I am sure that Alistair Cook would have use that experience as a motivator to his ever improving team.

The role of belief

Once you have experienced something for a first time then you can then you can tap into your previous experiences, thoughts and mindsets to help you in the present.

We see it all the time in sport.

During the 1950’s there was a belief that it was humanly impossible to run a mile in less than four minutes. Record attempts were coming up short time and time again.

In 1954, Roger Bannister broke that limited belief when he recorded 3:59:4 and then watched as his “impossible” record was beaten only 46 days later.

The world now believed!

This belief has fuelled athletes in the mile event. American Steve Scott has broken 4 minutes on 136 separate occasions. The world record now sits at 3:43:13

Belief in cricket

I have been working with a young player for about three years. He has talent, that’s for sure. His ball striking is fantastic and I admire the way he manages match situations. Yet, getting a hundred was his equivalent to the four minute mile.

The young player had come up short on so many occasions and then, in the highest level of cricket that he had played up until that time, Sam scored 121 in the ECB U15 Bunbury Regional Festival.

That was three weeks ago and Sam has gone on to score 115 not out and then 175 in his last two County U15 matches for Somerset.

He now has belief.

So what can we learn from this?

There are 2 lessons here.

Firstly, be as optimistic as Graham Swann in seemingly impossible.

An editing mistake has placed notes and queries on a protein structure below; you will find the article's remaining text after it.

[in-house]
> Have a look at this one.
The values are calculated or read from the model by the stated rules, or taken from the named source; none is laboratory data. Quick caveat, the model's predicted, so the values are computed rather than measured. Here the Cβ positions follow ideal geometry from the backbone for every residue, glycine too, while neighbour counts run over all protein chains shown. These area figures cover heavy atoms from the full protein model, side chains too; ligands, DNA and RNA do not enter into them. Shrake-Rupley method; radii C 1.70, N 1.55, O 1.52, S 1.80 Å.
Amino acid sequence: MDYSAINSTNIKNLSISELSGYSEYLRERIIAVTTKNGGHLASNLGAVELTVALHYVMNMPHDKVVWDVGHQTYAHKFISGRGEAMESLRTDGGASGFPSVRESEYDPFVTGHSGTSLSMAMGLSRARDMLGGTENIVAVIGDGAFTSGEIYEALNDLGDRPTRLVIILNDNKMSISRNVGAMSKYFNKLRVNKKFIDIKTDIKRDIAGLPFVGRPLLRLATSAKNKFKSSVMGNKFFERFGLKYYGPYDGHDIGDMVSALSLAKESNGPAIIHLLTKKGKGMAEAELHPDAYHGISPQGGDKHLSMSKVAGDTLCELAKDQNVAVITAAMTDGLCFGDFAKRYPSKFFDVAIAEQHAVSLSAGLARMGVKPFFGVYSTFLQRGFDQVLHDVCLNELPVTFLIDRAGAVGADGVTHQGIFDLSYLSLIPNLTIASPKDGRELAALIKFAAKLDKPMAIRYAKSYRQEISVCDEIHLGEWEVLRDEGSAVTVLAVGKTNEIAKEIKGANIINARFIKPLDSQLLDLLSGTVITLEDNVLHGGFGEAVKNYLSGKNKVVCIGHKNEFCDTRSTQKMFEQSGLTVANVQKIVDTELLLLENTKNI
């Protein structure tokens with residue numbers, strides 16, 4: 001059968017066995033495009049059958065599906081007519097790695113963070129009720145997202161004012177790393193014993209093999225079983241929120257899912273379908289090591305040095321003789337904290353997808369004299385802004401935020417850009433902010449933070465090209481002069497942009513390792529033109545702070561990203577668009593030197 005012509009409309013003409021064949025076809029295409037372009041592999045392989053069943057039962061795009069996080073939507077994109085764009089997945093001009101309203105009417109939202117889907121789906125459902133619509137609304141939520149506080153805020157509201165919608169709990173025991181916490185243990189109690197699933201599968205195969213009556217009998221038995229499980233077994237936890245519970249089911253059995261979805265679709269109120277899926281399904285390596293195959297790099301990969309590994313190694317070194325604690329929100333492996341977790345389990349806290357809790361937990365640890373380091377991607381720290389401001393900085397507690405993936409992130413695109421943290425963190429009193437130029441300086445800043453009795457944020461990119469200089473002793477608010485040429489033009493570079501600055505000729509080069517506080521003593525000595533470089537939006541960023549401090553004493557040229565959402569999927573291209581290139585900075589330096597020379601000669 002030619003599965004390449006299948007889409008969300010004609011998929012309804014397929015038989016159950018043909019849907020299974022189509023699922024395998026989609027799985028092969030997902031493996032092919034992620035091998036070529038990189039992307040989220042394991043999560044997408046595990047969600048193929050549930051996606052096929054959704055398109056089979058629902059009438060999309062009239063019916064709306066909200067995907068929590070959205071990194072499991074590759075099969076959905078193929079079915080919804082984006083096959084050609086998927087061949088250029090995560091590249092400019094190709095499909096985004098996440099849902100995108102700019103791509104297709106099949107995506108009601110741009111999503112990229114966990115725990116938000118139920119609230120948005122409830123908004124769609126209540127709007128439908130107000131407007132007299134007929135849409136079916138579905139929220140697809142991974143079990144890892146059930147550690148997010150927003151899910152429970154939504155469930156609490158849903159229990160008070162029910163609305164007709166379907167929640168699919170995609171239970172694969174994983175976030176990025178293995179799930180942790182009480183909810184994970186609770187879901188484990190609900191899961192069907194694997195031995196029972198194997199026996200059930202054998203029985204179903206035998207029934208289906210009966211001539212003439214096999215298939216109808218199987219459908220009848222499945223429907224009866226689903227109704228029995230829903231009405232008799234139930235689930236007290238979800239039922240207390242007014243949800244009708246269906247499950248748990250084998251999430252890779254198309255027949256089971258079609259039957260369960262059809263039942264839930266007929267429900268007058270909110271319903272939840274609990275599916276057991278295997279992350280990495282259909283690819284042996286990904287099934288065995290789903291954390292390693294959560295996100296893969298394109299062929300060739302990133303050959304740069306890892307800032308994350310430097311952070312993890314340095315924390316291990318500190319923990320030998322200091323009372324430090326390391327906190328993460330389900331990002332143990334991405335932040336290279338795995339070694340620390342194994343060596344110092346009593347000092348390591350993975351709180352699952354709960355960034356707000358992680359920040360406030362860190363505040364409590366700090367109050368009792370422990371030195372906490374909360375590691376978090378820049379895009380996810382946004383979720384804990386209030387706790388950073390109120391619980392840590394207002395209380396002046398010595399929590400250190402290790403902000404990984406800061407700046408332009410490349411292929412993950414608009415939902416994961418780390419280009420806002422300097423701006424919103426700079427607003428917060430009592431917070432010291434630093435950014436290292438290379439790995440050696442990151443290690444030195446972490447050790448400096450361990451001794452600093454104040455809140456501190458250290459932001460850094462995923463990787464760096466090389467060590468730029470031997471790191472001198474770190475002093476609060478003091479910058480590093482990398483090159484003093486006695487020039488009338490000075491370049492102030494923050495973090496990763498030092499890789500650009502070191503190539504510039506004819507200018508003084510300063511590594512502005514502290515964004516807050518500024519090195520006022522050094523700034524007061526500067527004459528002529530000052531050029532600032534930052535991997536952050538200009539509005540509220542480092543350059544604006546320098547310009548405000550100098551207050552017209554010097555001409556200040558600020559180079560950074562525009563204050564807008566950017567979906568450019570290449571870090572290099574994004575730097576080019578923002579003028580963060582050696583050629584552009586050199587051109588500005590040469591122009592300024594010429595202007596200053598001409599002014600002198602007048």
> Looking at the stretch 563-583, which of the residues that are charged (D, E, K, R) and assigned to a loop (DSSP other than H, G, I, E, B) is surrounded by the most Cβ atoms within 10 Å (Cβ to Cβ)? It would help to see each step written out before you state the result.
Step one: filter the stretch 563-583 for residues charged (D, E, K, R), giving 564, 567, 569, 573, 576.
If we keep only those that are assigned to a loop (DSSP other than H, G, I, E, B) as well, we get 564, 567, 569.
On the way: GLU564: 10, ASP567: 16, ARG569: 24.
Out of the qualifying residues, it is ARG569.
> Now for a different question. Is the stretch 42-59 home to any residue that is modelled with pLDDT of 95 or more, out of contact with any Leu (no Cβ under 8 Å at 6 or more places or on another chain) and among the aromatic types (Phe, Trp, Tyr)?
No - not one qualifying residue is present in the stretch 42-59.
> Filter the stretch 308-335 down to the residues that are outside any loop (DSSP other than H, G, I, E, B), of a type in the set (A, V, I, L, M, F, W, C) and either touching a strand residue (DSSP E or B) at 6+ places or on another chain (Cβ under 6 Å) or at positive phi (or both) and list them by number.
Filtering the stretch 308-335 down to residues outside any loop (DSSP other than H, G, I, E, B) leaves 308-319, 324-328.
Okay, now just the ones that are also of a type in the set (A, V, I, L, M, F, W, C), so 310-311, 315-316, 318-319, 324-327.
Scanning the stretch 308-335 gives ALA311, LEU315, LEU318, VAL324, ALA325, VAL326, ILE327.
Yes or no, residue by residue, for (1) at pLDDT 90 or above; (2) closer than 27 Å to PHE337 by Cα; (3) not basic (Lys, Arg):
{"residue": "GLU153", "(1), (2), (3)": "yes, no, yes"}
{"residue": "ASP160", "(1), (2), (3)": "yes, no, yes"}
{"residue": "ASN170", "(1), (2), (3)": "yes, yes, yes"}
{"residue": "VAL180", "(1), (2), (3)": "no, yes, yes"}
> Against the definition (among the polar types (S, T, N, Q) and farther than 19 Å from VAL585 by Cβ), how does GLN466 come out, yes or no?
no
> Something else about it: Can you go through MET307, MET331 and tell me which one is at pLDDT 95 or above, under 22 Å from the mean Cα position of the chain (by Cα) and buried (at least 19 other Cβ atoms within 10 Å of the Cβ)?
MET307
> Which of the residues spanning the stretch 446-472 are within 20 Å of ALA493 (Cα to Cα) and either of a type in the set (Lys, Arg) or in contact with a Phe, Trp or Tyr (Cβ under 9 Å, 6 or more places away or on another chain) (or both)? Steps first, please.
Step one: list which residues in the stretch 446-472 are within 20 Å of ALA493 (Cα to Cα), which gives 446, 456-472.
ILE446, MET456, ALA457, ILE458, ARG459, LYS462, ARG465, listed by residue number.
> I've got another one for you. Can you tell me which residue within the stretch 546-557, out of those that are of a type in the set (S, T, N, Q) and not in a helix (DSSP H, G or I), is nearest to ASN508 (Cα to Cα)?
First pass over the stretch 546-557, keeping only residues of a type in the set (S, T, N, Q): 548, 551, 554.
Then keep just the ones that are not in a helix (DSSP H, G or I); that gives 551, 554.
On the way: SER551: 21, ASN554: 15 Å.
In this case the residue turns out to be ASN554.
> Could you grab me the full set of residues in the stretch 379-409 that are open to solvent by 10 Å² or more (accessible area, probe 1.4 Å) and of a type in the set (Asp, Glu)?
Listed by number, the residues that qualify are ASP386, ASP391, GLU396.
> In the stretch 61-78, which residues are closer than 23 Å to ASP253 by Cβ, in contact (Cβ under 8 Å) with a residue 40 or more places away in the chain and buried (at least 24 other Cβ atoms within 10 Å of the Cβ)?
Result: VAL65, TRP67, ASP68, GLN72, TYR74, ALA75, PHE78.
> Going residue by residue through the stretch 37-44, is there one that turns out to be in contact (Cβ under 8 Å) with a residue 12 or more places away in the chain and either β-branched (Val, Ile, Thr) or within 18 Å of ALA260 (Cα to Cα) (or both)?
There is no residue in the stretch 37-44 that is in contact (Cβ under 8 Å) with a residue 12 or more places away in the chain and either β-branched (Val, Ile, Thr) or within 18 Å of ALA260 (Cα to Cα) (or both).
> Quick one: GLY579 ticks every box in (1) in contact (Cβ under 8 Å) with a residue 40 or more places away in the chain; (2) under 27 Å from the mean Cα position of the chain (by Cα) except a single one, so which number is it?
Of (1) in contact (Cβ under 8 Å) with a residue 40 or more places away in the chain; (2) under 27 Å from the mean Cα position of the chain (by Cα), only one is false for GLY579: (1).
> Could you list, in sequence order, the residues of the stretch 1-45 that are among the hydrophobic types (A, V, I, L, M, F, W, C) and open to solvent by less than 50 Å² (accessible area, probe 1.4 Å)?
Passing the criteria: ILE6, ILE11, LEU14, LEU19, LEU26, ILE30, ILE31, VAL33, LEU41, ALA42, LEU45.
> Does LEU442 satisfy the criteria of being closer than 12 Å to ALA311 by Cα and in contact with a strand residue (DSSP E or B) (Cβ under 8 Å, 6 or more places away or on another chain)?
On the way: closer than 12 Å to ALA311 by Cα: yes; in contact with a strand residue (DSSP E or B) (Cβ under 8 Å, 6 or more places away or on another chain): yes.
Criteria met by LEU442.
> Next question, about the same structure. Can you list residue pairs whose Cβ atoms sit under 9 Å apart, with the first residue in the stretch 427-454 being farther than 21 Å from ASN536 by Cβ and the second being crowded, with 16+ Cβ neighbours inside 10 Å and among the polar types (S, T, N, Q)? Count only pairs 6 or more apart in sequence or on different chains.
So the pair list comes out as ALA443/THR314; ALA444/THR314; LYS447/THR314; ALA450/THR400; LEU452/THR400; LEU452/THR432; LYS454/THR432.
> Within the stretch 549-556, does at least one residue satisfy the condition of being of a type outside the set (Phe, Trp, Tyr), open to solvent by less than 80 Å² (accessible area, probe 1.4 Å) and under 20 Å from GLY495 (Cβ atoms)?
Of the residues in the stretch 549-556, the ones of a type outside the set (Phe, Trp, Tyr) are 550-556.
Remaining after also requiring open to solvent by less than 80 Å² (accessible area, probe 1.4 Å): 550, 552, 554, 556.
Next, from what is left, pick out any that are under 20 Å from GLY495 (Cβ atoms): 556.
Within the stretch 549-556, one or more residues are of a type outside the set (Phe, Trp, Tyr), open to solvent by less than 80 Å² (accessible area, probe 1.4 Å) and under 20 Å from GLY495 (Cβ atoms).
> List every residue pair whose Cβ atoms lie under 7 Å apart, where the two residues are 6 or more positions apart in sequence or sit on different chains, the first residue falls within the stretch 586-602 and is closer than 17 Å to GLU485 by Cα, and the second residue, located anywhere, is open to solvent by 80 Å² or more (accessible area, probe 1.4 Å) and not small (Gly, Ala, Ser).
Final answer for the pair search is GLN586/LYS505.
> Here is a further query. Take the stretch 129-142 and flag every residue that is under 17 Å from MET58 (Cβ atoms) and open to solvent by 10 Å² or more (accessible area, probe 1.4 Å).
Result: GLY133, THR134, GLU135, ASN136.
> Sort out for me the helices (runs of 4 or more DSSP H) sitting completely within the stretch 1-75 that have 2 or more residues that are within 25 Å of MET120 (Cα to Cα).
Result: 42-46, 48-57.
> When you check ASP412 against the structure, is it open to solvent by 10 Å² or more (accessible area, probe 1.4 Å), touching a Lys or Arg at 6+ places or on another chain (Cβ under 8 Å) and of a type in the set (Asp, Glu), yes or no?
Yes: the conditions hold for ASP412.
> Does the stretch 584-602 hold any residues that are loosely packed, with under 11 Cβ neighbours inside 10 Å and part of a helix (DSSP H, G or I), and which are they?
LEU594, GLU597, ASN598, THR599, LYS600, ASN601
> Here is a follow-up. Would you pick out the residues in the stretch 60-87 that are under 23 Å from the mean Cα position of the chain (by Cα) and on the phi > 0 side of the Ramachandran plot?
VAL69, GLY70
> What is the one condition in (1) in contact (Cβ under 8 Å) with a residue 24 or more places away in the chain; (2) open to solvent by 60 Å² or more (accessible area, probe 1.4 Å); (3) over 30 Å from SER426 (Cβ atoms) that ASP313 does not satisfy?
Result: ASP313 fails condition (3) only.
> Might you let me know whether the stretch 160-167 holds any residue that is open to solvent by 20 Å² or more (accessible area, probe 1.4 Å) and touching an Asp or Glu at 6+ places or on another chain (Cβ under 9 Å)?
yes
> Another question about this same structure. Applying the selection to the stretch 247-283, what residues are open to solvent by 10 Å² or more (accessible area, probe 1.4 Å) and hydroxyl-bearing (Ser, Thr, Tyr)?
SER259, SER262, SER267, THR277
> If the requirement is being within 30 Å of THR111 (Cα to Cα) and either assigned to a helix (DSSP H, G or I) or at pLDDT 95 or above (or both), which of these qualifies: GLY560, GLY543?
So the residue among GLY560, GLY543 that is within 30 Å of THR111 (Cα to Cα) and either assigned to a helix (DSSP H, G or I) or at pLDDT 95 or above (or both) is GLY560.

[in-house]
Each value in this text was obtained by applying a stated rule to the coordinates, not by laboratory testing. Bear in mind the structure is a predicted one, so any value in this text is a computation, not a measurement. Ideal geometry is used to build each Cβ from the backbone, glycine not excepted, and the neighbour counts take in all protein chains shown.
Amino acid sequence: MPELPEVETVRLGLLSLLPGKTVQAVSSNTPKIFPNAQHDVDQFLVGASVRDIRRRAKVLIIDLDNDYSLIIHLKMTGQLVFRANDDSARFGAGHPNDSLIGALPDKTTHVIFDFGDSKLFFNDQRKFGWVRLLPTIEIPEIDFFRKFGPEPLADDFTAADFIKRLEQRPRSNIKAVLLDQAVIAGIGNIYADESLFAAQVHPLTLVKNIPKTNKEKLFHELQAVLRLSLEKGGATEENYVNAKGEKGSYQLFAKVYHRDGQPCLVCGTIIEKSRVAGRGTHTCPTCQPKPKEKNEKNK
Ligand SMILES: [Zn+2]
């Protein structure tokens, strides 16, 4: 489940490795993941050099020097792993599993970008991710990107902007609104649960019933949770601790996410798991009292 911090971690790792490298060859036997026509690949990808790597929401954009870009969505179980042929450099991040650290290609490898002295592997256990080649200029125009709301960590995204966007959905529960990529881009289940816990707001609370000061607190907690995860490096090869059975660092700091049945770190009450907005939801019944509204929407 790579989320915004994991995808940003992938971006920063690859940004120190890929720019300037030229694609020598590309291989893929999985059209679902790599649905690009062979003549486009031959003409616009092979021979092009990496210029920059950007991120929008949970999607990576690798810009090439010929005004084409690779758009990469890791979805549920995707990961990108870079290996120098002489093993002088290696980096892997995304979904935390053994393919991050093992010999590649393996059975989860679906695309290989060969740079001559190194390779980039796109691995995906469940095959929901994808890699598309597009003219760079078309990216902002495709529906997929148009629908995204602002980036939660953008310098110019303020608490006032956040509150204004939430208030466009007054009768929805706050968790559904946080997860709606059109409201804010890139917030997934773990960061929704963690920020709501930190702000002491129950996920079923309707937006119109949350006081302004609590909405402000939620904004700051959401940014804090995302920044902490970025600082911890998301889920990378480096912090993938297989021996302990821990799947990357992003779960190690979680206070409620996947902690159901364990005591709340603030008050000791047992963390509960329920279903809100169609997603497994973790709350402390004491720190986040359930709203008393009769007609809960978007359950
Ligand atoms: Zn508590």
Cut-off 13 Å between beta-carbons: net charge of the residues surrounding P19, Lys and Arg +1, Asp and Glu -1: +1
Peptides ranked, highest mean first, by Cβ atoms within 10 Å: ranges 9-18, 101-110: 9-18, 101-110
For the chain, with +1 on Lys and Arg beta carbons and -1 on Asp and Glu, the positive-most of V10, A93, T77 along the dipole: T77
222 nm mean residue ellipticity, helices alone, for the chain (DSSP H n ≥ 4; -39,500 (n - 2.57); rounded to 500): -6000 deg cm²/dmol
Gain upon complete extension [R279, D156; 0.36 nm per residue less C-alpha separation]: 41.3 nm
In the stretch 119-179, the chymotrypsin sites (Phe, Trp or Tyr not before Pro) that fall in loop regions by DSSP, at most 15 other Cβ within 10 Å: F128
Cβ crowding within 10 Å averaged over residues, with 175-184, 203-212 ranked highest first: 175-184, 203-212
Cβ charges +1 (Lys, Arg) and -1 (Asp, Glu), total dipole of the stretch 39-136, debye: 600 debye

Trust me, it works!

Secondly, remember as much as you can about your successes and performances that have made you most proud.

The best players and teams tap into their experiences regularly to repeat and beat their own cricketing history.

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Fielding Drills: Four Point Pick Up and Throw

Here's great warm up fielding drill for throwing at the stumps, backing up, and picking up a moving ball. It's high energy and gets everyone in the mindset to field well!


If you can't see the video above, click here.

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Cricket Show S7 Episode 29: All About Averages

David Hinchliffe leads the cricket discussion between Mark Garaway, Sam Lavery and Khyati Gulani. The topics covered this week range from video analysis to averages. The old and the new!

Plus, there are questions on getting more flight as a spinner and improving your acceleration. Have a download and listen.


How to Send in Your Questions

If you want to win a cricket coaching prize, you need to send in your burning questions to the show. If your question is the best one we give you a free online cricket coaching course!

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You can also download this show onto your computer by clicking the play button at the top of the article, or clicking on the mp3 to download.


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Improve Your Batting and Bowling with Clever Constraints

Recently, Mark Garaway spoke about the power of using constraints in practice to improve your cricket. This article will give you even more ways to use the same principle across batting and bowling.

Simple Not Easy: What Younis Khan Teaches Us About Basics

Sam Lavery is Cricket Professional at Portsmouth Grammar School.

For any young cricketer, it seems a little far fetched to say the basics of the game apply to international heroes as much they do to themselves.


About PitchVision Academy

Welcome to this week's guide to playing and coaching better cricket.

I'm David Hinchliffe and I'm Director of the PitchVision Academy team. With this newsletter you are benefitting directly from over 25 Academy coaches. Our skills include international runs and wickets, first-class coaching, cutting-edge research and real-life playing experience.


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Issue: 424
Date: 2016-08-12